“[There is] a general economic maxim: public [government] resources are really private, owned and exploited by a political elite, while private resources are really public, owned and managed by a multitude. Government-owned resources do not ‘belong to all of the people’ and allow ‘self determination;’ they belong to none or a very few.”
– R. Bradley, Foreword to G. Yeatts, Subsurface Wealth: The Struggle for Privatization in Argentina (Foundation for Economic Education, 1997), pp. xv–xvi.
The recent reform of Mexico’s Constitution to allow private investment (up to $20 billion in production-sharing agreements) still leaves state-owned PEMEX with a legal monopoly for oil and gas development inside the country. But it is a start at reform that may turn into a deregulatory, privatization dynamic.
More, indeed, awaits to open the energy sector internal and external competition and to foreign investment in any amounts:
1) Competition to PEMEX in all oil and gas areas should be legalized;
2) PEMEX shares be allocated to the country’s private citizens;
3) Subsoil mineral rights should be assigned–with deed of title–to the (private) surface owners of land.…
[The greatest opportunity for wealth creation in many poor countries is oil and gas development. In particular, subsoil privatization can incite resourceship and democratize wealth as explained by Guillermo “Billy” Yeatts in Subsoil Privatization for Energy Sustainability. The following post by Cyril Boynes, Jr. co-chair of the Congress of Racial Equality Uganda, contributes to this discussion.]
I am of a Christian background. However, one of my favorite people was Jewish, and another is Muslim.
The Jewish man was business professor and author Julian Simon. He taught that people are the world’s most valuable resource, and the “ultimate resource” is our creative intellect.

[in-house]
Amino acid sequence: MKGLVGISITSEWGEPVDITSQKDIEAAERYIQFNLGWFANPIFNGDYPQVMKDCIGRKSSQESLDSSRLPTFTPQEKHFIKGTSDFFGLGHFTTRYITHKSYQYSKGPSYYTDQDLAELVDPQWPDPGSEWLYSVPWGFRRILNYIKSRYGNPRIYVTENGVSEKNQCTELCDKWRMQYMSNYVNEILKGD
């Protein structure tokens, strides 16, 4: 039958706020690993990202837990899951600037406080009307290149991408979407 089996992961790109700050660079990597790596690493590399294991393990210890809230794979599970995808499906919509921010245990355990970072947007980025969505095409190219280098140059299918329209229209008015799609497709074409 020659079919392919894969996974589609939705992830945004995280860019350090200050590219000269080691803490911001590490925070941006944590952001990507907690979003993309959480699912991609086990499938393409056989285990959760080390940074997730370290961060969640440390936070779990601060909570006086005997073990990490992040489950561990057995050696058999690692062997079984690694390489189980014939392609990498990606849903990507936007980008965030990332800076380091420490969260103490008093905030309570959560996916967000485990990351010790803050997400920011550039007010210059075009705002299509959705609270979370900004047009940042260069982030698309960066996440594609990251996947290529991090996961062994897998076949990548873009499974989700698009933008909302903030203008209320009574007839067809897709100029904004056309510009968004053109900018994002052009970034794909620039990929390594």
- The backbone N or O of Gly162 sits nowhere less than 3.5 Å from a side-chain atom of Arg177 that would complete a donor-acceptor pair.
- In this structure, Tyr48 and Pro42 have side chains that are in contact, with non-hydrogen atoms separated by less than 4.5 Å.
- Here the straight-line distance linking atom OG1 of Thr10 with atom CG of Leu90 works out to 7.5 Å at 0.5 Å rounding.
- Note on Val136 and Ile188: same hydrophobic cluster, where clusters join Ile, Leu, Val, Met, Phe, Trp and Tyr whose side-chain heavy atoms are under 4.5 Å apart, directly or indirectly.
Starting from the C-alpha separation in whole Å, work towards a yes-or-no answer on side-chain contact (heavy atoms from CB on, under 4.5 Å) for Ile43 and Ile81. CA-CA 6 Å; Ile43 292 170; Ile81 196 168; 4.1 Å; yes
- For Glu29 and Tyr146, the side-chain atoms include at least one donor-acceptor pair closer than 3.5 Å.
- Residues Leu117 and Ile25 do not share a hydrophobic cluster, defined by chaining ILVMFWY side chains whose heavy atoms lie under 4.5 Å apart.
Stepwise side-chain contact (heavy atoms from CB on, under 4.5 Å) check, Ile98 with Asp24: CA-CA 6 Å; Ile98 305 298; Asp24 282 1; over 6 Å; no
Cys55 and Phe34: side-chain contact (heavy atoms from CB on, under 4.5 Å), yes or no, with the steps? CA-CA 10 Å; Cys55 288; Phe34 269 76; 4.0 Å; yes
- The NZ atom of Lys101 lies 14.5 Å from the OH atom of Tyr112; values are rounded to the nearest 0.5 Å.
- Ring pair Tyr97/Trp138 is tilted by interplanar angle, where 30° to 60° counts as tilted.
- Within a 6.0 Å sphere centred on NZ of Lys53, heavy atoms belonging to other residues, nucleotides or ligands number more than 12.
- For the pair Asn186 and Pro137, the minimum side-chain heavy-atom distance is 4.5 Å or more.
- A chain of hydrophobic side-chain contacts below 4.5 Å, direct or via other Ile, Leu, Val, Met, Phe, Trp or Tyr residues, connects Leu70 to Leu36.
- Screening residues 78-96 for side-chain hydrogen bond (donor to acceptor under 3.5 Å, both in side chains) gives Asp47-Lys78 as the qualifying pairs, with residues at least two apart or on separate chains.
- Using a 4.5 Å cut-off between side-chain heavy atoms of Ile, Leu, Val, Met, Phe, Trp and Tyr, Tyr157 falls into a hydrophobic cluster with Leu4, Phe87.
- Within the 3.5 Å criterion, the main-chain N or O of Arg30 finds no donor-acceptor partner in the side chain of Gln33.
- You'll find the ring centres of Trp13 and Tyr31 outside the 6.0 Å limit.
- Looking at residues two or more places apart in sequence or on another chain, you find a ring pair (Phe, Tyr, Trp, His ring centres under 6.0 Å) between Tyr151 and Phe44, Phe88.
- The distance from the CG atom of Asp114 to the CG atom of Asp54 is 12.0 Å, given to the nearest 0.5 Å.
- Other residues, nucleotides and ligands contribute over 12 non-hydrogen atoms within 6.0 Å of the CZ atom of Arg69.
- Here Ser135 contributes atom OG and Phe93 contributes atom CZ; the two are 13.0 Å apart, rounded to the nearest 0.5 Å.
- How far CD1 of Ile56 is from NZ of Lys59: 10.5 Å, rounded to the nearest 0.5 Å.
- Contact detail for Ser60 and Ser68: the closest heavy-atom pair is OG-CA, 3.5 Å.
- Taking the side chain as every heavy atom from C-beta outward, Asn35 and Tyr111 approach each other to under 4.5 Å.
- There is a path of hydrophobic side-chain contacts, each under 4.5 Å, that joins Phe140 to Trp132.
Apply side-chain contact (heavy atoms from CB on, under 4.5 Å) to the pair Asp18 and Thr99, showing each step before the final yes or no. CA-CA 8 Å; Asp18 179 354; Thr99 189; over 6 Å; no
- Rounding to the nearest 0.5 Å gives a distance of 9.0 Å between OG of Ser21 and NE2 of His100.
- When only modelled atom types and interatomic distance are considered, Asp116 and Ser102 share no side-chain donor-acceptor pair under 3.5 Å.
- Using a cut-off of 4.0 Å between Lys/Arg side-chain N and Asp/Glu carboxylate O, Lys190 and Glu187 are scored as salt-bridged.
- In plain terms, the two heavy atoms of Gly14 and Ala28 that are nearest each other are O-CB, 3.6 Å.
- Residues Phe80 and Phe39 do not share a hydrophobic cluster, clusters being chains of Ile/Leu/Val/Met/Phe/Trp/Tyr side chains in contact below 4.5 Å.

The Muslim is Bangladeshi banker and economist Muhammad Yunus. He says “poor people are like bonsai trees,” planted in a little pot. “There is nothing wrong with their seeds.…
Editor Note: This post complements a previous entry at MasterResource by Guillermo Yeatts,
Subsoil Oil and Gas Privatization: Private Wealth for the Common Good.]
Government intervention in free markets is prefaced on market failure. But no such rationale explains why federal and state governments have owned and managed hydrocarbon-bearing onshore and offshore lands. Government involvement can be explained by little more than the historical precedent of sovereign ownership of unowned property and of habit.
In a private property world, surface and subsurface areas would be unowned until the positive acts of discovery and intent to use. Under the “homestead” theory of first property title, the state of nature (unowned area) would not be the property of government but the first resource entrepreneur who, in the immortal words of John Locke, “tills, plants, improves, cultivates and can use the product of” the surface or subsurface to “enclose it from the common.”…